A brief, interesting piece regarding agency new business development in AdAge this week: What Agencies Can Expect From New Business in 2013.
Here’s the potentially sobering first sentence:
The days when agencies could expect multiple $100 million-plus, agency-of-record accounts to go up for grabs each year are now barely visible in the rear-view mirror.
Probably not a surprise to you, it’s been an ongoing trend and one that we also see when working for our agency clients.
But it doesn’t have to be sobering, it means you’ve got to make sure your agency embraces the trend and adjusts accordingly.
Three key steps to take:
1) You can’t wait for the AOR opportunity.
Per the article:
Agencies need to get used to earning clients’ business bit by bit, even pitching for every little project on clients they’ve long worked for.
Although rarer these days, we’ve had prospective clients tell us what they want is AOR relationships.
And so do we.
But part of our job is to give clients a realistic picture.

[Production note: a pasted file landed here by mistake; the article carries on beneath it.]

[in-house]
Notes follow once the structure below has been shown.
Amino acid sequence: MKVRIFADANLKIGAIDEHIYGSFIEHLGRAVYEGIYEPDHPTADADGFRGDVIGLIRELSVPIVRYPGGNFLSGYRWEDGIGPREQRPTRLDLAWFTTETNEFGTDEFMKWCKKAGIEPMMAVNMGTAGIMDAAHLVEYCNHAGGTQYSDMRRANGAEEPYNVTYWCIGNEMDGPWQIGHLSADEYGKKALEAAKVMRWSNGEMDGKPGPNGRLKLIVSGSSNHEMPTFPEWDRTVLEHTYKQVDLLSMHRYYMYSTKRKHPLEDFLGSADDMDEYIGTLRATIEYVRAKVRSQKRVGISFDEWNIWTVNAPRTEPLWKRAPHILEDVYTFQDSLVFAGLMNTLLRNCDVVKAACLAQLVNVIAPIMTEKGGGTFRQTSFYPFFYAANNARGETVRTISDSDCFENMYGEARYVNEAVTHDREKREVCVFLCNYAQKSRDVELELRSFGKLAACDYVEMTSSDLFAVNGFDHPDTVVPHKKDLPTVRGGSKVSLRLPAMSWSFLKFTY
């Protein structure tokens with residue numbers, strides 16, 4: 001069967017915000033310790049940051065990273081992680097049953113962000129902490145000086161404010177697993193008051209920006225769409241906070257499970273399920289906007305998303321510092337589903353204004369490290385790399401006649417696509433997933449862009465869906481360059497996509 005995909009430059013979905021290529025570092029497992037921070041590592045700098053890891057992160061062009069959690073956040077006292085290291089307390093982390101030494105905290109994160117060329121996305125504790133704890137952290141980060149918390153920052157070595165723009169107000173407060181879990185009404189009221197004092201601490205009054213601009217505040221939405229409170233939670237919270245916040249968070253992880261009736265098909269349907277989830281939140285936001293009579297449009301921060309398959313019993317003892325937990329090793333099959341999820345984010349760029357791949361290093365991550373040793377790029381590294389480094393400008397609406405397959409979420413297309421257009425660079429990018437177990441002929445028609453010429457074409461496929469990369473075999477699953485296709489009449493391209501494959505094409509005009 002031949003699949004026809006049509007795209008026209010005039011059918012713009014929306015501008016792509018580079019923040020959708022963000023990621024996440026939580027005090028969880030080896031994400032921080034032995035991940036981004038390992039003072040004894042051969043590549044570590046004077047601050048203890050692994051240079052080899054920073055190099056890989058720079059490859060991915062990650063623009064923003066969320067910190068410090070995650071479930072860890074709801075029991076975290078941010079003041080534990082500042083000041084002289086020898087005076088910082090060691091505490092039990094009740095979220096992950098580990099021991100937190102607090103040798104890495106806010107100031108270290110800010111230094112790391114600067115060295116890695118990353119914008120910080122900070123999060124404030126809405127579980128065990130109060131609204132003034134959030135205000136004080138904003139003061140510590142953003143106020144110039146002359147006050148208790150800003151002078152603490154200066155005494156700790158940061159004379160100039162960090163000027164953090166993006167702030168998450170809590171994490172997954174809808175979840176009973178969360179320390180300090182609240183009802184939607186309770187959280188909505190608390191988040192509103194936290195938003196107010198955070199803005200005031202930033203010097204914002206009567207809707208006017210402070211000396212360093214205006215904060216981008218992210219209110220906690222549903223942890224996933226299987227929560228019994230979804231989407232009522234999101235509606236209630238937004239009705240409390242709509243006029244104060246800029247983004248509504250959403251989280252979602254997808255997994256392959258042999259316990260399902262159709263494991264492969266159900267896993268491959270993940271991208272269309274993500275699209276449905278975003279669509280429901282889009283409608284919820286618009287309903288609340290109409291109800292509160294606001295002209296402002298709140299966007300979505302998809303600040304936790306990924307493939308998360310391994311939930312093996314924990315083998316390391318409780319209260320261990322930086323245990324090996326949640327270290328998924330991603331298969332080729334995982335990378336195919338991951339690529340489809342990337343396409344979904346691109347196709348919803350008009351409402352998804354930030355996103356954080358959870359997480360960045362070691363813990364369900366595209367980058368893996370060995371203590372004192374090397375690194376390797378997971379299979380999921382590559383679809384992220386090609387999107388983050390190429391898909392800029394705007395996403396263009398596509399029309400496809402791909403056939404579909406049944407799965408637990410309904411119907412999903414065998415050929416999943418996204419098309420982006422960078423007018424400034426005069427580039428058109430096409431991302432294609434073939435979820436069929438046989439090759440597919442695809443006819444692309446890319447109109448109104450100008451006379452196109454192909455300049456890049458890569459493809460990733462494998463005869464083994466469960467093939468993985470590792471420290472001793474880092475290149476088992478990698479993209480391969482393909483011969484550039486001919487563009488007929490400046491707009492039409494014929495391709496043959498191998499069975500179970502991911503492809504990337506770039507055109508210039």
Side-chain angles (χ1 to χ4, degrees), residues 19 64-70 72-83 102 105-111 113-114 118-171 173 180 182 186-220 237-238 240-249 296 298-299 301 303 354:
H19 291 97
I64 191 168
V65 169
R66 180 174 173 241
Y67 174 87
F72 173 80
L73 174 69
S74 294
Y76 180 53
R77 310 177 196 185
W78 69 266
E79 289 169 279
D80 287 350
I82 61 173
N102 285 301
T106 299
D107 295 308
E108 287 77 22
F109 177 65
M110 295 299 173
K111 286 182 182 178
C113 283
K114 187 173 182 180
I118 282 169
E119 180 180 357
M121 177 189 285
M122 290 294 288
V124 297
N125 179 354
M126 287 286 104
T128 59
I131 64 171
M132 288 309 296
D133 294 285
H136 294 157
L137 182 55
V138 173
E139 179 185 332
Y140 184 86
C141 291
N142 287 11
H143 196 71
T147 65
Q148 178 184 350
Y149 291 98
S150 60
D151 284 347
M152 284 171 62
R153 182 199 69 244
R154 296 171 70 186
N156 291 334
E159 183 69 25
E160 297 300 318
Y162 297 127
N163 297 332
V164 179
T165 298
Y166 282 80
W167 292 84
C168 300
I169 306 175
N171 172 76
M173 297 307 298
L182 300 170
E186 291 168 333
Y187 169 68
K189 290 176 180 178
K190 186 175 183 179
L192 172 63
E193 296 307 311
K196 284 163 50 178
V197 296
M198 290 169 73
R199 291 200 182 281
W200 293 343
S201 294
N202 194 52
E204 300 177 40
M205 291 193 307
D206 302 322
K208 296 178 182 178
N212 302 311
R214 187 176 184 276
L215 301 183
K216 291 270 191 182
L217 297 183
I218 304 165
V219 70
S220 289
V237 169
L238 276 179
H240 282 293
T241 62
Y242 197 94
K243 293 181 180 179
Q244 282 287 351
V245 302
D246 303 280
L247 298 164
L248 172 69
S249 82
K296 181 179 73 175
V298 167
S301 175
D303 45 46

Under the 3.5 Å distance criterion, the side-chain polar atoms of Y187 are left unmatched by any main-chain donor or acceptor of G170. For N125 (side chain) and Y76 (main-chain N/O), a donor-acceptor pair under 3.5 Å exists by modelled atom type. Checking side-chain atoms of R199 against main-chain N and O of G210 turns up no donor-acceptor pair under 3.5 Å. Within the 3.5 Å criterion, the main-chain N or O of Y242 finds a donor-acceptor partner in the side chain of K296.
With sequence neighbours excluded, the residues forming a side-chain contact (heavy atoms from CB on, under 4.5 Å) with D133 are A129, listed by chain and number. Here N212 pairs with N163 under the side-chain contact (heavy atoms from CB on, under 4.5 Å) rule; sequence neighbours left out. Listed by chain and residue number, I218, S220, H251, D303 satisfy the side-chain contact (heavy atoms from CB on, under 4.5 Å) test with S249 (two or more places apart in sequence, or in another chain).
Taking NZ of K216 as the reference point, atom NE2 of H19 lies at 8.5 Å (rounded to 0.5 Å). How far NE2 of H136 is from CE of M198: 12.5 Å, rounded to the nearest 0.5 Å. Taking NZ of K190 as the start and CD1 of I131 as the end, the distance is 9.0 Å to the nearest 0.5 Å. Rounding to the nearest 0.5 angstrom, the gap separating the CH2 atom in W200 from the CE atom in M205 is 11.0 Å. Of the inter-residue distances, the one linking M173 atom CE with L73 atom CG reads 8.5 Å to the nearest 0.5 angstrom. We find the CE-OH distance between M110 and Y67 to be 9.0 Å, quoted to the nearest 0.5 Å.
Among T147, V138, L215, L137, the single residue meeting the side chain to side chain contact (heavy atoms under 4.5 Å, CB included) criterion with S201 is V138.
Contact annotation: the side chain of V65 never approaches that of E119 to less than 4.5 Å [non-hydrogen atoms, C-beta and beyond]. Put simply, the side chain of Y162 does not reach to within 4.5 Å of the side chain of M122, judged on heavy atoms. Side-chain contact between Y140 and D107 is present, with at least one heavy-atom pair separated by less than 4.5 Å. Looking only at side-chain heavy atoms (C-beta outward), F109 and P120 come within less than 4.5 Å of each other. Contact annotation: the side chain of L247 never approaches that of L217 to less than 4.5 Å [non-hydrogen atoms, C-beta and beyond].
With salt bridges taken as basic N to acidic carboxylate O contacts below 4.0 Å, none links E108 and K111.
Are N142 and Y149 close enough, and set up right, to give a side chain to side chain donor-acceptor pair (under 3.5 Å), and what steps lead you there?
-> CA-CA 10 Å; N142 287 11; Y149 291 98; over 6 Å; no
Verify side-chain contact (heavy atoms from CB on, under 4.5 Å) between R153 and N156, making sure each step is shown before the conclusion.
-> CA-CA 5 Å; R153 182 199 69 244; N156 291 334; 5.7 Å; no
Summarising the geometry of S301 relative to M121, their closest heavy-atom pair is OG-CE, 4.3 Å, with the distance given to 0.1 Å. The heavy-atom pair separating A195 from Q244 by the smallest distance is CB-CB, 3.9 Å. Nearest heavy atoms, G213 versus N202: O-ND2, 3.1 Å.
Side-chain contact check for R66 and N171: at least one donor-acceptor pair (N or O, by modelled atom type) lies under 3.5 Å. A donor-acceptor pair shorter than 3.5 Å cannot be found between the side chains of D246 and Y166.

If it’s the right prospect (in terms for revenue, sector, geography, etc.), a good budget and a project you’ll crush, you’ve got to, at the very least, consider it, if not go for it.
2) You can’t stop with one project
Many of you are probably thinking, no s**t.
But it’s crazy how often we hear agency prospects tell us they did one project and then never actively followed up to get another.
Sounds insane, I know, but it happens.
That’s why RSW/US is so focused on sticking with the prospect, not in a car salesman way, but in a way that shows the agency expertise and understanding of the challenges out there.
Of course, reality kicks in here, because there are also plenty of reasons another project doesn’t happen, but you can never let it be because you didn’t try.
3) New Business has to be a priority
We’ll never stop saying it.
And this is not the part where I shill for RSW/US-however you get new business, the reality dictates you’ve got to have a strategy in place.
Of course there are many, many examples of long-term clients and retainer relationships that are alive and well, but for the sake of your business, you can never take those for granted.
A final note that falls under the “be prepared” category from the piece:
Industry execs anticipate heightened interest from marketers in communications planning and analytics capabilities. And as the lines blur, agencies will find themselves pitching against a variety of new players.
Time will tell as to these new players, but as ever, your new business mantra= Adapt or Die.
Related to Agency New Business Development in 2013-Forget The AOR?
Post by RSW/US Director Of Business Development Lee McKnight Jr